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Dr. Ming Wang (Terry Chen) is having a terrible time letting go of the past, and no one could blame him for that. But maybe he doesn’t have to. Maybe he can move forward, holding the past more loosely and integrating it with his present.

This is one of the big questions posed by Sight, a gripping and inspiring film based on the true life story of Dr. Wang, a Chinese immigrant who faced trauma and loss in his homeland, but who eventually pioneered an eye surgery technique that has restored sight to millions around the world.

The movie, directed by Andrew Hyatt, flashes back and forth from the present, where Dr. Wang is an established eye surgeon in Nashville, Tenn., to his upbringing in Hangzhou, China, where as a boy in 1968, he dreams of following in the footsteps of his physician parents. Even as they carefully ration rice to eat, Wang’s loving family is driven by academic success and the privilege of helping people, not by the lure of a high income.

This drives young Ming as he watches with horror as his world crumbles under an uprising during the Cultural Revolution. The brutality of the Red Guards as they abruptly shut down all schools and attack the people he loves most leaves an imprint of trauma on the adolescent, played movingly by Ben Wang. His deepest loss is Lili (Sara Ye), his childhood friend whom he promises to protect yet inevitably cannot. This perceived failure haunts Ming for decades. The schools open up again just in time for him to shoot for the moon and apply to the top university in China, where his academic odyssey takes him to the Ivy League schools of the United States.

In present-day 2007, Dr. Wang is met with a seemingly impossible challenge: to restore the sight of Kajal (Mia Swaminathan), a radiant little girl from India whose stepmother poured sulfuric acid in her eyes to intentionally blind her and increase her chances of success as a street beggar. (Trigger warning: Those scenes are wrenching.) Under the doting care of an American nun (Fionulla Flanagan), Kajal emanates contentment, despite her sightlessness.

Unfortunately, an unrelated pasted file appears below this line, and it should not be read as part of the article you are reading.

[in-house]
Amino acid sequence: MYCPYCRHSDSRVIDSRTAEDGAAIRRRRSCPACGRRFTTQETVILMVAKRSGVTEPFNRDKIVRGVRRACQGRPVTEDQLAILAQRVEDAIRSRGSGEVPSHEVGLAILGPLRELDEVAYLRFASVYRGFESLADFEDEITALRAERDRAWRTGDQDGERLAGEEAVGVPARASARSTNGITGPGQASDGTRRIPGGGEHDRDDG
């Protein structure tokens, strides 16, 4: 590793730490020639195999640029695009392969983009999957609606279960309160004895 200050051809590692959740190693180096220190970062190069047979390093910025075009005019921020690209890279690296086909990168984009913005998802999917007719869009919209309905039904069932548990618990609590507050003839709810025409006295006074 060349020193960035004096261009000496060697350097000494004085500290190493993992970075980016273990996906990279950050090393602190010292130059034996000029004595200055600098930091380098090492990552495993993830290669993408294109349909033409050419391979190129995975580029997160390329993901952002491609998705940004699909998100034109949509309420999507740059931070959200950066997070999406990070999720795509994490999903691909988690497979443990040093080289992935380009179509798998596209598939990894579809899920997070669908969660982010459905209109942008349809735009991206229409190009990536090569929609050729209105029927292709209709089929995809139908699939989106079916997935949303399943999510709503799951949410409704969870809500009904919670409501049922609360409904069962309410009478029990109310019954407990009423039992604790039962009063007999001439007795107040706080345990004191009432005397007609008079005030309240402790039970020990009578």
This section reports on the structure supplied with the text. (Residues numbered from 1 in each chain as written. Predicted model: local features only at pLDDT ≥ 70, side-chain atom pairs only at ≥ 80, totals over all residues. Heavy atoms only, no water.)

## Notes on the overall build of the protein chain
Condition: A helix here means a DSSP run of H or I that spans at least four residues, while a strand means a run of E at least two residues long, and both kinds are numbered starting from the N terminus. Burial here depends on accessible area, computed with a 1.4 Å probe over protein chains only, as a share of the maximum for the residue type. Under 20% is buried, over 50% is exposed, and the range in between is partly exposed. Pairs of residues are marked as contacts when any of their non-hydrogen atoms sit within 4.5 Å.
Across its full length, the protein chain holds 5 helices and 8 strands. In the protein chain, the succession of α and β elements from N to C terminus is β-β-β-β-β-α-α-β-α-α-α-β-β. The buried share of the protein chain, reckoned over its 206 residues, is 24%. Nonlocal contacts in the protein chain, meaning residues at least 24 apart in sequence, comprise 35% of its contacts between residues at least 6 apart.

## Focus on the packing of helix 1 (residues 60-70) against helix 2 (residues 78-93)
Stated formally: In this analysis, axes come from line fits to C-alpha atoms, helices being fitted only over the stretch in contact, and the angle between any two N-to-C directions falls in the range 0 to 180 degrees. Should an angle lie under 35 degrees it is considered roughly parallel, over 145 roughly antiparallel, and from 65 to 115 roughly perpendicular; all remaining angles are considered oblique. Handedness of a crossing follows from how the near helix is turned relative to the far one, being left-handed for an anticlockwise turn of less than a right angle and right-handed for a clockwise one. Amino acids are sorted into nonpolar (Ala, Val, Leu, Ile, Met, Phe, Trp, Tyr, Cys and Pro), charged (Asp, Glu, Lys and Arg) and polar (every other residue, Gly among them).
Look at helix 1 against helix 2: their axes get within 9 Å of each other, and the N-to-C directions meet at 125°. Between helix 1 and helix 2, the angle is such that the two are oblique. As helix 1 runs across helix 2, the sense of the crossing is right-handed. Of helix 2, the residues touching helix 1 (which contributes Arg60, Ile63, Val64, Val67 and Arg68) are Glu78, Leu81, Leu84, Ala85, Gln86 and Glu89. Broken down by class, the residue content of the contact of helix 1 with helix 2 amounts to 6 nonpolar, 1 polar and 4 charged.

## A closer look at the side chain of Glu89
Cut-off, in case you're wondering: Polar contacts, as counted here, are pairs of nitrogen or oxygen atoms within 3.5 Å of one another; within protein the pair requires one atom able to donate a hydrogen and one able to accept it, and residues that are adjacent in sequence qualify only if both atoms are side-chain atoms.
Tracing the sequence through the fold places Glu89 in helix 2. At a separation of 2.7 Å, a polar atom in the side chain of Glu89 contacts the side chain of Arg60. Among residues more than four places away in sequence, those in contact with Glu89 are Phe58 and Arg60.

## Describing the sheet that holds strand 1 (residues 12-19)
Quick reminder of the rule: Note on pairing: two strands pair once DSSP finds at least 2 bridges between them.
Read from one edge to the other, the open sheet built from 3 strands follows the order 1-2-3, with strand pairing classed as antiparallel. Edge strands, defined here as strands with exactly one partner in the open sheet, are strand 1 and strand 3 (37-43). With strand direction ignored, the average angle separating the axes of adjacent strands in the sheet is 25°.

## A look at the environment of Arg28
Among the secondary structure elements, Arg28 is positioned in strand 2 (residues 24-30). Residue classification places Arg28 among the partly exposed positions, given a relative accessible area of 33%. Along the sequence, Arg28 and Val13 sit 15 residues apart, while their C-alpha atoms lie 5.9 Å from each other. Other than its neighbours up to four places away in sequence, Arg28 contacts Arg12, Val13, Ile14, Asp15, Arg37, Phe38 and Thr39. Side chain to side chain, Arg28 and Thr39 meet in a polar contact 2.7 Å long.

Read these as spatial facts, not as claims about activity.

Dr. Wang throws himself, body and soul, into finding a medical needle in a haystack that might provide a miracle for Kajal. His life is completely out of balance, a fact pointed out by his research partner, Dr. Misha Bartnovsky (Greg Kinnear). Their friendship and banter are one of the highlights of the movie, even as it is strained to the breaking point by Dr. Wang’s emotional baggage. Though he cares deeply for his patients, especially darling Kajal, he can’t get past what drives him: that somehow by helping patients see again he is helping Lili, wherever she is. Absolution is a dangerous and deceitful motivator. Everyone can see this except for him.

Though some of the scenes are a bit emotionally heavy-handed, the movie (like its Angel Studios counterpart, Cabrini) uses a light touch where faith is concerned. Chen is moving and persuasive as the gentle doctor (so soothing is his voice that one wants to beg him to narrate audiobooks), and Kinnear anchors his part in a relatable, humane performance. What’s it like to be best friends with a genius? It’s not all a bed of roses, and Kinnear expertly conveys the complexities.

We saw this movie twice, once with just my husband and me, and then again two nights later with three Chinese international students. They enjoyed the story and cheered for their countryman as he defied the odds and became an academic and career success (echoing their dreams). But they found it odd and confusing that the movie insinuated that the government was the good guy during the Cultural Revolution, instigated by Mao Zedong and the Communist Party.

I hope this doesn't distract them too much from the main takeaway of the movie, that true success lies in helping other people, and only God can truly open a person’s eyes, spiritually. (Angel Studios. In theaters)

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